Avoiding is a common response to the negative perception of conflict. “Perhaps if we don’t bring it up, it will blow over,” we say to ourselves. But, generally, all that happens is that feelings get pent up, views go unexpressed, and the conflict festers until it becomes too big to ignore. The conflict grows and spreads until it kills the relationship. Because needs and concerns go unexpressed, people are often confused, wondering what went wrong in a relationship.

Compromising is an approach to conflict in which people gain and give in a series of tradeoffs. While satisfactory, compromise is generally not satisfying. We each remain shaped by our individual perceptions of our needs and don’t necessarily understand the other side very well. We often retain a lack of trust and avoid risk – taking involved in more collaborative behaviors.

Collaborating is the pooling of individual needs and goals toward a common goal. Often called “win-win problem-solving,” collaboration requires assertive communication and cooperation in order to achieve a better solution than either individual could have achieved alone. It offers the chance for consensus, the integration of needs, and the potential to exceed the “budget of possibilities” that previously limited our views of the conflict. It brings new time, energy, and ideas to resolve the dispute meaningfully.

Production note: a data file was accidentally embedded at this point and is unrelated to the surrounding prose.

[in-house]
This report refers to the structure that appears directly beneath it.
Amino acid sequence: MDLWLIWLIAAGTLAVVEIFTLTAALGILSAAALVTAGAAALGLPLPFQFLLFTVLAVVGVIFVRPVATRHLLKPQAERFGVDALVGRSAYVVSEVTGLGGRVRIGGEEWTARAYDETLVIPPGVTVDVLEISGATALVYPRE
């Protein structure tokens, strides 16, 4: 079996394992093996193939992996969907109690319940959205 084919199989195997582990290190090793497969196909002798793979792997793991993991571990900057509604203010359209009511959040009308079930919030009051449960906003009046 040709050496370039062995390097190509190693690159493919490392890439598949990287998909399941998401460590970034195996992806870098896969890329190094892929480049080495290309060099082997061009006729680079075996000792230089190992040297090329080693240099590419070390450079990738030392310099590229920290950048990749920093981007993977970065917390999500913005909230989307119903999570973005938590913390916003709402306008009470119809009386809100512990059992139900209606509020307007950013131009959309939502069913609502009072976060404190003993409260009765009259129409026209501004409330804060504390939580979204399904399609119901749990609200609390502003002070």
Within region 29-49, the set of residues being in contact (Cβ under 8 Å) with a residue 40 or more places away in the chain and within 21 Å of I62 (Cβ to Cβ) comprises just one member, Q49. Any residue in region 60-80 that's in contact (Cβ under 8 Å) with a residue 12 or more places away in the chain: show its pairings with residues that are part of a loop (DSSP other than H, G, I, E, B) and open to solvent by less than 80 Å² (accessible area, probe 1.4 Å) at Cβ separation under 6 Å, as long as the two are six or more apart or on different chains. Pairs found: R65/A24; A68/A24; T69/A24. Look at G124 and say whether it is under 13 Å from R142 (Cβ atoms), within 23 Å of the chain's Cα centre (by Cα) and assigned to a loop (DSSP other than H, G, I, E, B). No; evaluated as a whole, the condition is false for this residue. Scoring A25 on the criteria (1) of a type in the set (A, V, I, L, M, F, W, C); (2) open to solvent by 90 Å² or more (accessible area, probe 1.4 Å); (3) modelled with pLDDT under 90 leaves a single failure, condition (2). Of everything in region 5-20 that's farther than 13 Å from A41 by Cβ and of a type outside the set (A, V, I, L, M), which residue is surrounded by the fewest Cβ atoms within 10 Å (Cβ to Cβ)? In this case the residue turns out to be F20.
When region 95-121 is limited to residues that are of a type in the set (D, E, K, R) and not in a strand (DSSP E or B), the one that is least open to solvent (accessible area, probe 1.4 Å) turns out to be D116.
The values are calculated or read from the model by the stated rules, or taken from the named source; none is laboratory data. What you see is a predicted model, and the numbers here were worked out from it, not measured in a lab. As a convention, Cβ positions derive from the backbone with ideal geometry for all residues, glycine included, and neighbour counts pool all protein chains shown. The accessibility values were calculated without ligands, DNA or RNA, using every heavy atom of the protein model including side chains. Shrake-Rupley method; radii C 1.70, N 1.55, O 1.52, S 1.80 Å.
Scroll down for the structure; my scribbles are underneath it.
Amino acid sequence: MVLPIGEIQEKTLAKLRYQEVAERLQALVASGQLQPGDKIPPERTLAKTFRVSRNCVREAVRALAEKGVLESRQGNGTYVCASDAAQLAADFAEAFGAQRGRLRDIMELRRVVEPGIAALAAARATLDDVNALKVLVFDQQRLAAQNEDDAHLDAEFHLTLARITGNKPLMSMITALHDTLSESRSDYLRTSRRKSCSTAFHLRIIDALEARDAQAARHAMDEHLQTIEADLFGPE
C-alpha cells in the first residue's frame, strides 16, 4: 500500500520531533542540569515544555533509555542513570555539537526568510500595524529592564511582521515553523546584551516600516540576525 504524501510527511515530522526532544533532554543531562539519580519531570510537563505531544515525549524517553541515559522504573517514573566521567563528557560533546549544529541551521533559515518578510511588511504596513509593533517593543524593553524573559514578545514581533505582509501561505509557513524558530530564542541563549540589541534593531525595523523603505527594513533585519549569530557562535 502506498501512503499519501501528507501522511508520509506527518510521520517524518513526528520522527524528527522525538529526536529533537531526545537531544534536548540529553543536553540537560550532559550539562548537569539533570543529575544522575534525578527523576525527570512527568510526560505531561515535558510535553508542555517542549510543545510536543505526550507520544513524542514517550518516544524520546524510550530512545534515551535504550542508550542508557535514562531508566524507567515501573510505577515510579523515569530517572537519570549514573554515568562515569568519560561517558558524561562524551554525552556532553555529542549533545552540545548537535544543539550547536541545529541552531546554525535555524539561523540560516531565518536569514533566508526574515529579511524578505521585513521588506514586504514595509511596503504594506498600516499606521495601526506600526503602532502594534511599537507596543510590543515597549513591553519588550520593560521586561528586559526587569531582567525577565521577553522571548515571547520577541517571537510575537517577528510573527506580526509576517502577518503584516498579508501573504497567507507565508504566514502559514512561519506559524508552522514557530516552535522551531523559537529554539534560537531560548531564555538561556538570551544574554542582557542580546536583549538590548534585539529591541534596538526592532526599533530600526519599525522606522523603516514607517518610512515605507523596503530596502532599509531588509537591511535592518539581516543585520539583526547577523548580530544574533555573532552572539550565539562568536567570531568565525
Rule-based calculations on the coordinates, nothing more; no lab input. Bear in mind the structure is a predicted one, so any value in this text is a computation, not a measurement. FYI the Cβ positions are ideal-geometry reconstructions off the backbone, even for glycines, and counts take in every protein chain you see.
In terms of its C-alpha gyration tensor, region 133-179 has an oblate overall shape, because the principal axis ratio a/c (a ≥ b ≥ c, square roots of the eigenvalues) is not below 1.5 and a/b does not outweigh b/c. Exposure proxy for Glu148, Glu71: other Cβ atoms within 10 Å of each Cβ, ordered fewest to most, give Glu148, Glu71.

Conflict styles can affect boundaries in a variety of ways. A competing style may force others to accept our solution, and may be accompanied by fear and resentment. An accommodating style is one where the relationship may proceed smoothly, but frustration can build up when our needs are not being met. In an avoidant conflict style, the parties can seem clueless about underlying issues and concerns, and problems are pushed off to a future time. Those who have a compromising style may feel okay about the outcome, but can still harbor resentments in the future. Those who take a collaborative approach may not gain a better solution than compromising, but are more likely to feel better about their chances for future understanding.